Drunk Driver Gets Lenient Sentence In Woman’s Death

A Personal Perspective
A trio of young people went out to celebrate a birthday in Queens one night last April. They were out far later than they normally would. At the time, the birthday girl was 21 years old and celebrating with her boyfriend and her sister, Vanessa Raghubar, who was older by one year.

Across the bridge in the Bronx, there was another celebration of some sort with an off-duty NYPD detective.

According to police reports, the detective’s blood alcohol level was well above the legal limit. By fate, he and the young trio were on the Van Wyck Expressway returning home at the same time.

The detective, who should know better than anyone else about drinking and driving, slammed into the car being driven by a very sober Vanessa Raghubar, fatally injuring her and critically wounding her sister. The sister’s boyfriend reportedly sustained a concussion, but no greater injury.

Vanessa was less than two months shy of her college graduation from nearby York College, where she was majoring in psychology.

She had plans for a bright future. Members of the Raghubar family, including her injured sister—confined to a wheelchair—attended what would have been her graduation ceremony. Their tears flowed consistently as her younger brother mounted the platform to collect her diploma when her name was called.

Detective Neville Smith took something very precious from that family by drinking and driving. The 32-year-old officer was facing up to seven years in jail, but two weeks ago he made a plea deal with the office of the Queens District Attorney for six months in jail. He could spend as little as four months behind bars, reportedly.

Needless to say, Smith has lost his promising NYPD career and deservedly so. In one fell swoop, he wiped out the life of a promising young woman, severely injured her sister, could have caused severe-to-fatal injuries to their friend and wiped out his career in addition to sustaining serious injuries of his own.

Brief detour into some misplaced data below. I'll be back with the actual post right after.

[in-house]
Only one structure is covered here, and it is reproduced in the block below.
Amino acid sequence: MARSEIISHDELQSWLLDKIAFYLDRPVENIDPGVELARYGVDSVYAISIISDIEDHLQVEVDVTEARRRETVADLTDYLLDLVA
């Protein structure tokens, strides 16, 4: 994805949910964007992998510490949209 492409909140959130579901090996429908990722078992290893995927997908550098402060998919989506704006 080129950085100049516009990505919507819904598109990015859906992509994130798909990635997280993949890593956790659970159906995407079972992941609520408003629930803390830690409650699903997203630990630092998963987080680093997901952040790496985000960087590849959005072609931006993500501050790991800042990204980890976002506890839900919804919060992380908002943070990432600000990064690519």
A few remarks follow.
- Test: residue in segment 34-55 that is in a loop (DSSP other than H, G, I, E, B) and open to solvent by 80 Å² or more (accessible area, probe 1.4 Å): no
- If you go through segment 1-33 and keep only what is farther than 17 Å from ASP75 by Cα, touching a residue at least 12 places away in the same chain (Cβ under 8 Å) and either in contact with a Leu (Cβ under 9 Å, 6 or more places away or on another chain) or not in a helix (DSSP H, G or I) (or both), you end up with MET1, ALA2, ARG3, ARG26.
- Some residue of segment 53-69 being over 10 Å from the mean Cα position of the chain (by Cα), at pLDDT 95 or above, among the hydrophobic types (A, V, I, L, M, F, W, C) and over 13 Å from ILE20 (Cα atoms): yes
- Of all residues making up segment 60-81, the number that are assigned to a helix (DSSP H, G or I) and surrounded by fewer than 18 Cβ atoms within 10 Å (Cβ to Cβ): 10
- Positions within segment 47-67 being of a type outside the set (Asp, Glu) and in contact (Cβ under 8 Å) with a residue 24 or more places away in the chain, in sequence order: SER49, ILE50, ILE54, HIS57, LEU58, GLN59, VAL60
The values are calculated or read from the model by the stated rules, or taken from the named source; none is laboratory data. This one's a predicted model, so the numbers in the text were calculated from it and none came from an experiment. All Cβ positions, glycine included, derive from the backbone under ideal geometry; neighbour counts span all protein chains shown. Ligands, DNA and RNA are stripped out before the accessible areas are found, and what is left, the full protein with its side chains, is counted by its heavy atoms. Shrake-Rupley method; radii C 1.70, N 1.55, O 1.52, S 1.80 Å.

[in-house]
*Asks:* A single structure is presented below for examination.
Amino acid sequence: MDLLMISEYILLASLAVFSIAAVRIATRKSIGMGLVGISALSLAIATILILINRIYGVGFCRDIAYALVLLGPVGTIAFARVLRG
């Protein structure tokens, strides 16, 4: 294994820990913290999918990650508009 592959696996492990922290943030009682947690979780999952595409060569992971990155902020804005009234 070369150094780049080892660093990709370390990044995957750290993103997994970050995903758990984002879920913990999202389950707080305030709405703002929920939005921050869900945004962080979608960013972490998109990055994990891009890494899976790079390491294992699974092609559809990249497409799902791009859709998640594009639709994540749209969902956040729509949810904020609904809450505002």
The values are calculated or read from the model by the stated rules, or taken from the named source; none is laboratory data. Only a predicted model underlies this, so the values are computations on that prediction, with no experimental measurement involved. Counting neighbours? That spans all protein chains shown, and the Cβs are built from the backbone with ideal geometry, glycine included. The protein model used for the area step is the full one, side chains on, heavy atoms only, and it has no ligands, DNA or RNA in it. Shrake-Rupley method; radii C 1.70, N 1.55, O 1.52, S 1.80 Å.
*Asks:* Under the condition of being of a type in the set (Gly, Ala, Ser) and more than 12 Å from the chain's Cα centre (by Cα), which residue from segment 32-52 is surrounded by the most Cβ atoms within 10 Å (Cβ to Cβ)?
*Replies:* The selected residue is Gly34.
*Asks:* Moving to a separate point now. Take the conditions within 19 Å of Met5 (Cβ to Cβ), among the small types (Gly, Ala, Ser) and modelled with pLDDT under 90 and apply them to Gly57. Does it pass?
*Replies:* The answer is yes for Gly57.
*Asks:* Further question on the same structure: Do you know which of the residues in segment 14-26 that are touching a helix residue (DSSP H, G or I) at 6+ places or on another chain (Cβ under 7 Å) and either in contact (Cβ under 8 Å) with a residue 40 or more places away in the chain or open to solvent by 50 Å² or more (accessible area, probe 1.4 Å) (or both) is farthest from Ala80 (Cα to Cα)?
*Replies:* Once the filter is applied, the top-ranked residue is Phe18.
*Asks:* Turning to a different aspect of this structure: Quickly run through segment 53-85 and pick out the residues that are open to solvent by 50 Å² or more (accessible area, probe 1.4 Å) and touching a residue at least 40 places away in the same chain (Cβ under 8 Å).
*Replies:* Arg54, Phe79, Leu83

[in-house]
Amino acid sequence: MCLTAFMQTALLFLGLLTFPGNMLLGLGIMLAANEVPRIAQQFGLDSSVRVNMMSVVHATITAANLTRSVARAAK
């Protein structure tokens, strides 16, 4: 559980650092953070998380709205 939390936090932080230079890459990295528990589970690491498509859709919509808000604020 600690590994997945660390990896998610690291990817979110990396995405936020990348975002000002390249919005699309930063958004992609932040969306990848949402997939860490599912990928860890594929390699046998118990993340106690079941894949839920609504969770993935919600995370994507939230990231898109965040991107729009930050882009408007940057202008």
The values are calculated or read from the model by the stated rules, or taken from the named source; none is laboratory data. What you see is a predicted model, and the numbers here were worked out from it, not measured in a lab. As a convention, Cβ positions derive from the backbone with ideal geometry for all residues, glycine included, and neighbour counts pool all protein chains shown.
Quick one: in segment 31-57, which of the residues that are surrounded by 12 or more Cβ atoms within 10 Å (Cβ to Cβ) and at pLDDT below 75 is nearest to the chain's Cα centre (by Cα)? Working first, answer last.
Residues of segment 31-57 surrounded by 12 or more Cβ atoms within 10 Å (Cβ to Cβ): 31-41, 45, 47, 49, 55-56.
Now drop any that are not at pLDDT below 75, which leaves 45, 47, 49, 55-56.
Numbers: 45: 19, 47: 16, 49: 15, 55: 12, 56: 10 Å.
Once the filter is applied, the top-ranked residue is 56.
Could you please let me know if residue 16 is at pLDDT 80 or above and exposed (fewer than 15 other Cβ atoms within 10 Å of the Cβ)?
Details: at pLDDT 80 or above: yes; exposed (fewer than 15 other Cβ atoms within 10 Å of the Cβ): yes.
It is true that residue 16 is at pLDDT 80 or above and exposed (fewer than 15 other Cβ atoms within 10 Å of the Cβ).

So much damage wrought by one reckless knuckle-head. Vanessa Raghubar was robbed of her life and her family was robbed of their beautiful, vivacious daughter. This striving Guyanese immigrant family was robbed of all that could have been.

There is no amount of punishment for Smith that can undo the damage his actions caused that early April morning, but this light sentence sends the wrong message.

We don’t why he got such a light sentence, but it just doesn’t seem enough for someone who should have been arresting other people for drinking and driving, rather than being a perpetrator himself. He’s not the first police officer to be this reckless, but he should be the last.

Driving under the influence is one of the most egregious acts anyone can commit as a motorist. It is a selfish and immoral thing to do to others on the road.

Like any other family, the Raghubars will learn to live with this tragedy, but they will never be the same. It is patently unfair that any family should lose their child to a reckless driver—for it to be the fault of a police officer makes it doubly so.

May the Raghubar family find comfort in the joy that Vanessa brought them during her life, and may we never have another incident with an officer drinking and driving.

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